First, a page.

THE DEPRESSIVE SYNDROME
Poznanski8 reports that the diagnosis of a depressive syndrome in children can be made using the same criteria as are used with adults. Children generally express their feelings nonverbally and thus behaviors are substituted for adult verbal descriptions of uncomfortable feelings.
Five of the following types of behaviors must be present to diagnose a depressive syndrome: anhedonia, low self-esteem, impairment of school work, sleep difficulty, excessive fatigue, psychomotor retardation, social withdrawal, and morbid or suicidal ideation.
Toolan9 suggests that depression is a reaction to loss, either of a person or a state of well-being, with feelings of diminished self-esteem and helplessness. The result of any loss will depend on the individual's ability to tolerate pain and discomfort, be it physical or mental, and the developmental stage at which such loss occurs. The younger the child, the more serious the consequence. Infants may become fixated in psychosocial development or even regress. Psychosocial impairment hinders intellectual growth. The ability to form adequate new relationships may be significantly impaired, which will interfere with the child's ability to identify with significant figures in his or her life. Such disturbances in the process of identification will adversely affect the development of a conscience, a sense of self, and the whole personality structure.
When loss takes place during latency and early adolescence, the patient will exhibit hostility and anger toward the person whom he feels has betrayed and deserted him. This leads to serious acting out and delinquency, which may temporarily ward off painful feelings of helplessness and impotence. These defenses are not successful and lead to further conflict with parents, who become increasingly antagonistic toward the child who desperately needs their love and support. Some children inhibit the expression of anger toward their parents and turn such feelings against themselves. These children consider themselves to be evil, and this self-image may lead to the acting out so commonly seen in depressed children. Acting out behavior reinforces the child's poor self-image, further lowering self-esteem and increasing feelings of helplessness and depression.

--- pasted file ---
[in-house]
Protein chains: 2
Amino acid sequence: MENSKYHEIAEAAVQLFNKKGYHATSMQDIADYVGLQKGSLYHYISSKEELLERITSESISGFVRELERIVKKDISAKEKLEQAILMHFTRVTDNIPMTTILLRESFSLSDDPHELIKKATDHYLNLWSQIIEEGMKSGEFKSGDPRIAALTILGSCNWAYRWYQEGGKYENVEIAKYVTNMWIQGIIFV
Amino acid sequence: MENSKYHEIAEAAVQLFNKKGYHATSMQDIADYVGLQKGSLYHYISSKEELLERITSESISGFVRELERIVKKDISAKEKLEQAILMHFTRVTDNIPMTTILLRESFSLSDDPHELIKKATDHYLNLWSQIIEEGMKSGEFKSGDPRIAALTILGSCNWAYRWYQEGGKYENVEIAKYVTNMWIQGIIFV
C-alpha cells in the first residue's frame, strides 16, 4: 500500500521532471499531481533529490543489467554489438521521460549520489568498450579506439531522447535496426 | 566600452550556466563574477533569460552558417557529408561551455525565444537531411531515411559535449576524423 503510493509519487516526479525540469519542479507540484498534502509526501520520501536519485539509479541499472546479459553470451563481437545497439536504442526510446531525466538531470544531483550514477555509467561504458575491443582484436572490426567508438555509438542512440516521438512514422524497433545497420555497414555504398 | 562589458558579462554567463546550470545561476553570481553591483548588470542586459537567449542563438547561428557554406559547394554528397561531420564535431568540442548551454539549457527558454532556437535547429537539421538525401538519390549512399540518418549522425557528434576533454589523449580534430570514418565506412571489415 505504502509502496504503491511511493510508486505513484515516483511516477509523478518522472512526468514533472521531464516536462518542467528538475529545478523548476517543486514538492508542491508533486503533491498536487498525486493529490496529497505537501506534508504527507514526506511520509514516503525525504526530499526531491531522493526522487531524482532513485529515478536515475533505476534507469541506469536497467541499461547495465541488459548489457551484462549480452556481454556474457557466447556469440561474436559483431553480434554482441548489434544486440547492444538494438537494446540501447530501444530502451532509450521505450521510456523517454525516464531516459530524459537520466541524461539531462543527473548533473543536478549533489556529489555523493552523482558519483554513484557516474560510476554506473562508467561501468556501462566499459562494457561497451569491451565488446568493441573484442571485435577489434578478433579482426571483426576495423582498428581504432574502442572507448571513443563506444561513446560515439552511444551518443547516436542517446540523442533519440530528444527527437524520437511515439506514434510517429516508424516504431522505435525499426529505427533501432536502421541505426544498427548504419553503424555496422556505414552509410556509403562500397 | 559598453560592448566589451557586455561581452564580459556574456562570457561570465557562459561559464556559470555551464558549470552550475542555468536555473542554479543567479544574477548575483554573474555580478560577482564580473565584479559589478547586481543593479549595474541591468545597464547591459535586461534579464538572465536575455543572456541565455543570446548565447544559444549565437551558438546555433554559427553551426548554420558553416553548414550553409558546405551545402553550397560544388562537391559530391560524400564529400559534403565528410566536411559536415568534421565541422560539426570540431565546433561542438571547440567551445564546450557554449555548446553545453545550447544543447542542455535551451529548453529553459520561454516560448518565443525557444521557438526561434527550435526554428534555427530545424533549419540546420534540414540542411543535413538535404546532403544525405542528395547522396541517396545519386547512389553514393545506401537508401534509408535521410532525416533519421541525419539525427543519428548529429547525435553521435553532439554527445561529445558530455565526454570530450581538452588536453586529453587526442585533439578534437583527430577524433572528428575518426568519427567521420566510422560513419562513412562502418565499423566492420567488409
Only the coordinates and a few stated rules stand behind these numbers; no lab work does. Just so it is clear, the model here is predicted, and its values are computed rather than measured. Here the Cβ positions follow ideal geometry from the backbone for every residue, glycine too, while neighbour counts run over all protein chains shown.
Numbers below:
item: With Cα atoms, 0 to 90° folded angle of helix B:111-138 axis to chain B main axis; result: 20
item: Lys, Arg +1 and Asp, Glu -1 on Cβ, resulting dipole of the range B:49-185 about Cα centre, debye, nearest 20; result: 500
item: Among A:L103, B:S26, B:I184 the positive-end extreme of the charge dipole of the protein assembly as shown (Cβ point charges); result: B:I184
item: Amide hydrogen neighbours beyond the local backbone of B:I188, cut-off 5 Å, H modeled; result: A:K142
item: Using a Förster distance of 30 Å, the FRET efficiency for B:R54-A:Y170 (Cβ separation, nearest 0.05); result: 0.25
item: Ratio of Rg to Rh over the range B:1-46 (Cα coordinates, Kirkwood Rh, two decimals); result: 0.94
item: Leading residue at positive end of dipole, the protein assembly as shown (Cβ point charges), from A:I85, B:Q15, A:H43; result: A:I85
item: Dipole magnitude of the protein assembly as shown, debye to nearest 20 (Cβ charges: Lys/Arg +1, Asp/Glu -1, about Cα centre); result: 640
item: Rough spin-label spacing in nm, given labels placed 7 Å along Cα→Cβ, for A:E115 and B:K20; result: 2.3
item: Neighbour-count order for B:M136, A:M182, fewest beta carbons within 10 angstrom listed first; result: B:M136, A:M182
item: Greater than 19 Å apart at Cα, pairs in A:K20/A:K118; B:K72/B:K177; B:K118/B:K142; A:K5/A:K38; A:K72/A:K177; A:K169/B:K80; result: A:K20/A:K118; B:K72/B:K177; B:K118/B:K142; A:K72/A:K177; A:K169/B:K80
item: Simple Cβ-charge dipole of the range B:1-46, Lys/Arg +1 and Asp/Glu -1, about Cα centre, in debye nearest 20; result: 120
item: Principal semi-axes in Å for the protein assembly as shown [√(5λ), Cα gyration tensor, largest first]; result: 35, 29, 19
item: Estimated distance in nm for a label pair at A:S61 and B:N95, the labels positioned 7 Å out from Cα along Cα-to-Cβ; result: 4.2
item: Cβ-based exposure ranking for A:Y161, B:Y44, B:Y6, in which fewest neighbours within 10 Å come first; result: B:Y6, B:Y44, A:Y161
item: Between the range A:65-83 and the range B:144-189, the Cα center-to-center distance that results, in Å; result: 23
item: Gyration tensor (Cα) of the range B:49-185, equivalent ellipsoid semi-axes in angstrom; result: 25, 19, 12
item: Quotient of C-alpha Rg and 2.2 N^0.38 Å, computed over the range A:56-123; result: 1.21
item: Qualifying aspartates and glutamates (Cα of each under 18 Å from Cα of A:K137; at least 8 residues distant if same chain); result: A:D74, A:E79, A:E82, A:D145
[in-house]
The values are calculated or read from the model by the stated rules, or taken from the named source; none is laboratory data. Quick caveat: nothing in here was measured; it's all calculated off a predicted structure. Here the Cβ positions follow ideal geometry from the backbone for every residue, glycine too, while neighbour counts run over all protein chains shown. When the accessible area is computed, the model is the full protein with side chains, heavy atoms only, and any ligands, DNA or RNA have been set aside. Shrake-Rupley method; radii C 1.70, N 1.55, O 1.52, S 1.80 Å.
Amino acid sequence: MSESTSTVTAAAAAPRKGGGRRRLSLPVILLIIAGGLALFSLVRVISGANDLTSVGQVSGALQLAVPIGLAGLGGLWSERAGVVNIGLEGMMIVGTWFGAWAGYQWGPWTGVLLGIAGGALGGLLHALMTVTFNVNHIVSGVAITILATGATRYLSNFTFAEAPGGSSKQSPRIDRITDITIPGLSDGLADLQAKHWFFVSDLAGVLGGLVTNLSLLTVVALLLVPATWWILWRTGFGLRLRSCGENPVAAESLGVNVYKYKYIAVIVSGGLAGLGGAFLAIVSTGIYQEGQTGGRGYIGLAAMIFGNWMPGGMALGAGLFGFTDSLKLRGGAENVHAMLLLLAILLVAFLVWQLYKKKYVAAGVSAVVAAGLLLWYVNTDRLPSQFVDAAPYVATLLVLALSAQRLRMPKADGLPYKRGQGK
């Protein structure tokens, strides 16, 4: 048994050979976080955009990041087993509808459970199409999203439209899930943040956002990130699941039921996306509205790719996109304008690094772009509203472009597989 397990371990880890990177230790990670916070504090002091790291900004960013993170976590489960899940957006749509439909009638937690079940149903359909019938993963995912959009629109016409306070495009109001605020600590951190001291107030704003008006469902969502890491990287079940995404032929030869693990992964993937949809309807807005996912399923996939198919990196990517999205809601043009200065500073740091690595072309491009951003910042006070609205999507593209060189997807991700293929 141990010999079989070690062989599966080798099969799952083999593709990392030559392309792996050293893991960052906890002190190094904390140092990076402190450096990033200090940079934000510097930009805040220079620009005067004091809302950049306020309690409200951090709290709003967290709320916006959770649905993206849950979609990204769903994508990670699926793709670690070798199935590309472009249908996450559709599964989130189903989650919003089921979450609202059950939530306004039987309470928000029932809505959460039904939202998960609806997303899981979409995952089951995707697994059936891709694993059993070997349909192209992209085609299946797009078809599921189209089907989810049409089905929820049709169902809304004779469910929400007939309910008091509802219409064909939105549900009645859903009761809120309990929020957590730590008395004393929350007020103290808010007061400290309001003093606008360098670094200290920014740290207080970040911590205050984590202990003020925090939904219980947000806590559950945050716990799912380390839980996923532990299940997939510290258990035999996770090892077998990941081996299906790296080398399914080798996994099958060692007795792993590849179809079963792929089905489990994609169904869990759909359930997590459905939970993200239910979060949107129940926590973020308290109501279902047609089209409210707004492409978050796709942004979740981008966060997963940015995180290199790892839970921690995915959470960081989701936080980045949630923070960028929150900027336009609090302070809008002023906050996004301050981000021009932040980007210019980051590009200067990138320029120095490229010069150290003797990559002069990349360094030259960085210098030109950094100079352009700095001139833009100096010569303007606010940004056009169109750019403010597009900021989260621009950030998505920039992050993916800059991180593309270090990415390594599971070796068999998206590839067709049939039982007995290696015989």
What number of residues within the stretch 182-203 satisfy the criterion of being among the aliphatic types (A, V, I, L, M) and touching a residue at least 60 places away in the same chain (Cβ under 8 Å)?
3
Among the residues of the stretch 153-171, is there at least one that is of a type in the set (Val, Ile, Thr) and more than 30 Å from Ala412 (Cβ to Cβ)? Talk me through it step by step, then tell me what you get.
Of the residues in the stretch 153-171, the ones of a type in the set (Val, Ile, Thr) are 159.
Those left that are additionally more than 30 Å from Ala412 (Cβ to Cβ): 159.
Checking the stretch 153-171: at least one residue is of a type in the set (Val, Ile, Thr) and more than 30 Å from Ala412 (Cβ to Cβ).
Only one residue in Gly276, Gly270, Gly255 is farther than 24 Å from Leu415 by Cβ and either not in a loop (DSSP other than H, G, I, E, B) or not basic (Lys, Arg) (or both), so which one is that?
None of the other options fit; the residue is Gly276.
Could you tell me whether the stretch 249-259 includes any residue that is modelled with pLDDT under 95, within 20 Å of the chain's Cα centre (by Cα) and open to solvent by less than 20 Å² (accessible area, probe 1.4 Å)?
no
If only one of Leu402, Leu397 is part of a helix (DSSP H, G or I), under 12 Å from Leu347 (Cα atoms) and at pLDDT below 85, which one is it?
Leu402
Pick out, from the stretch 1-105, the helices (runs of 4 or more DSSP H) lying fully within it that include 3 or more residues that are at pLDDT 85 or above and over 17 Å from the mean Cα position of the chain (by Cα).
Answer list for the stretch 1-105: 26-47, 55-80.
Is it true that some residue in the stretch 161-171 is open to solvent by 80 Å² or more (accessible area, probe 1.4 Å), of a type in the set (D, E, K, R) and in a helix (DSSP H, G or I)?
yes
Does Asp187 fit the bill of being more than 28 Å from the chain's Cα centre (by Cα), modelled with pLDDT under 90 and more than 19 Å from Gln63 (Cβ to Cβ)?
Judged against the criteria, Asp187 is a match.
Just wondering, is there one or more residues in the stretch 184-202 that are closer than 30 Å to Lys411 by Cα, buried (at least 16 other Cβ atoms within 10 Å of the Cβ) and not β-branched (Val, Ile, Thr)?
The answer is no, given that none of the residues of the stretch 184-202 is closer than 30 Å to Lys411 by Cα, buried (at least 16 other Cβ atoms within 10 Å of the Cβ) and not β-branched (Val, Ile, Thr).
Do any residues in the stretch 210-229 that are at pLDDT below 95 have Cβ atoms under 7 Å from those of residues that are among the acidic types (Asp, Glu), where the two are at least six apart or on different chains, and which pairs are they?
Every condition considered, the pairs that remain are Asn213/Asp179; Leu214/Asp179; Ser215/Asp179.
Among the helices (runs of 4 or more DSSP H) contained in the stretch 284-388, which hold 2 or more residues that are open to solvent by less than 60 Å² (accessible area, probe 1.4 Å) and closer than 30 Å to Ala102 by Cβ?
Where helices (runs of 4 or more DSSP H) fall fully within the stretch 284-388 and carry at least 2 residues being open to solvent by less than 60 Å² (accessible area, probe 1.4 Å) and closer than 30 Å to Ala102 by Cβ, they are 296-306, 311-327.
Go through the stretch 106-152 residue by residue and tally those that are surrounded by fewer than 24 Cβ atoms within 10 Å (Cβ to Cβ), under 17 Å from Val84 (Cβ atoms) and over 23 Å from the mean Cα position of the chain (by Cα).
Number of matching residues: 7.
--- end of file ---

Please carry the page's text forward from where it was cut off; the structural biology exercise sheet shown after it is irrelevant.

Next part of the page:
The biochemical theory of depression should also be considered in terms of how it relates to treatment with antidepressant drugs and lithium. A current theory is that the alteration of catecholamine and serotonin formation may lead to depression. This has led to the supposition that subnormal catecholamine function is associated with depression. Such functioning can be improved by prolonging catecholamine synaptic action with tricyclics, which prevent catecholamine reuptake, or with monamine oxidase which inhibits catecholamine breakdown. Both groups of medications affect serotonin in a similar fashion. Lithium absorbed within cells increases the quantities of catecholamine and serotonin.
FAMILY HISTORY INFLUENCES
Kim Puig-Antich10 studied first- and second-degree adult relatives of prepubertal children with major depression, children with nonaffective psychiatric disorders, and normal children. Compared with normal controls, prepubertal children with major depressive disorder had significantly higher familial rates of psychiatric disorders in both first- and seconddegree relatives, especially major depressive disorder, alcoholism, and anxiety diagnoses. Relatives of children in the nonaffective psychiatric control group had low rates of alcoholism, high rates of anxiety disorder diagnoses, and intermediate rates of major depressive disorder. These findings suggest that the prepubertal onset of major depression may be especially likely in families with a high aggregation of affective disorders and a high prevalence of alcoholism. Also, a proportion of children without affective disorder but with separation anxiety disorders are at risk for the development of affective illness later in life.
A common denominator of most risk factors is the experience of loss. Types of loss include the following.
Bereavement. Children feel devastated by grief, guilt, panic, and anger. The loss of a parent creates profound psychological reactions, including denial, attachment to the lost parent, fantasies of the parent's return, and resolves to join the parent in death.
Separation. Separation occurs as the result of divorce and marital dissolution. Damage seems greater in "coming and going" situations when the loved one drops in and out of a child's life than in the final separation that death brings.
Loss of familiarity. Normal growth and psychosocial change encompass loss. Depression can be a normal part of the growth process because growing and developing require the experience of loss. Loss of components of childhood is often particularly devastating, for teenagers, the loss of the comfort of dependence and the simplicity of being a child is often overwhelming. Loss of socioeconomic status, poverty, and societal disasters, including war, the threat of nuclear war, and terrorism, have links with depression.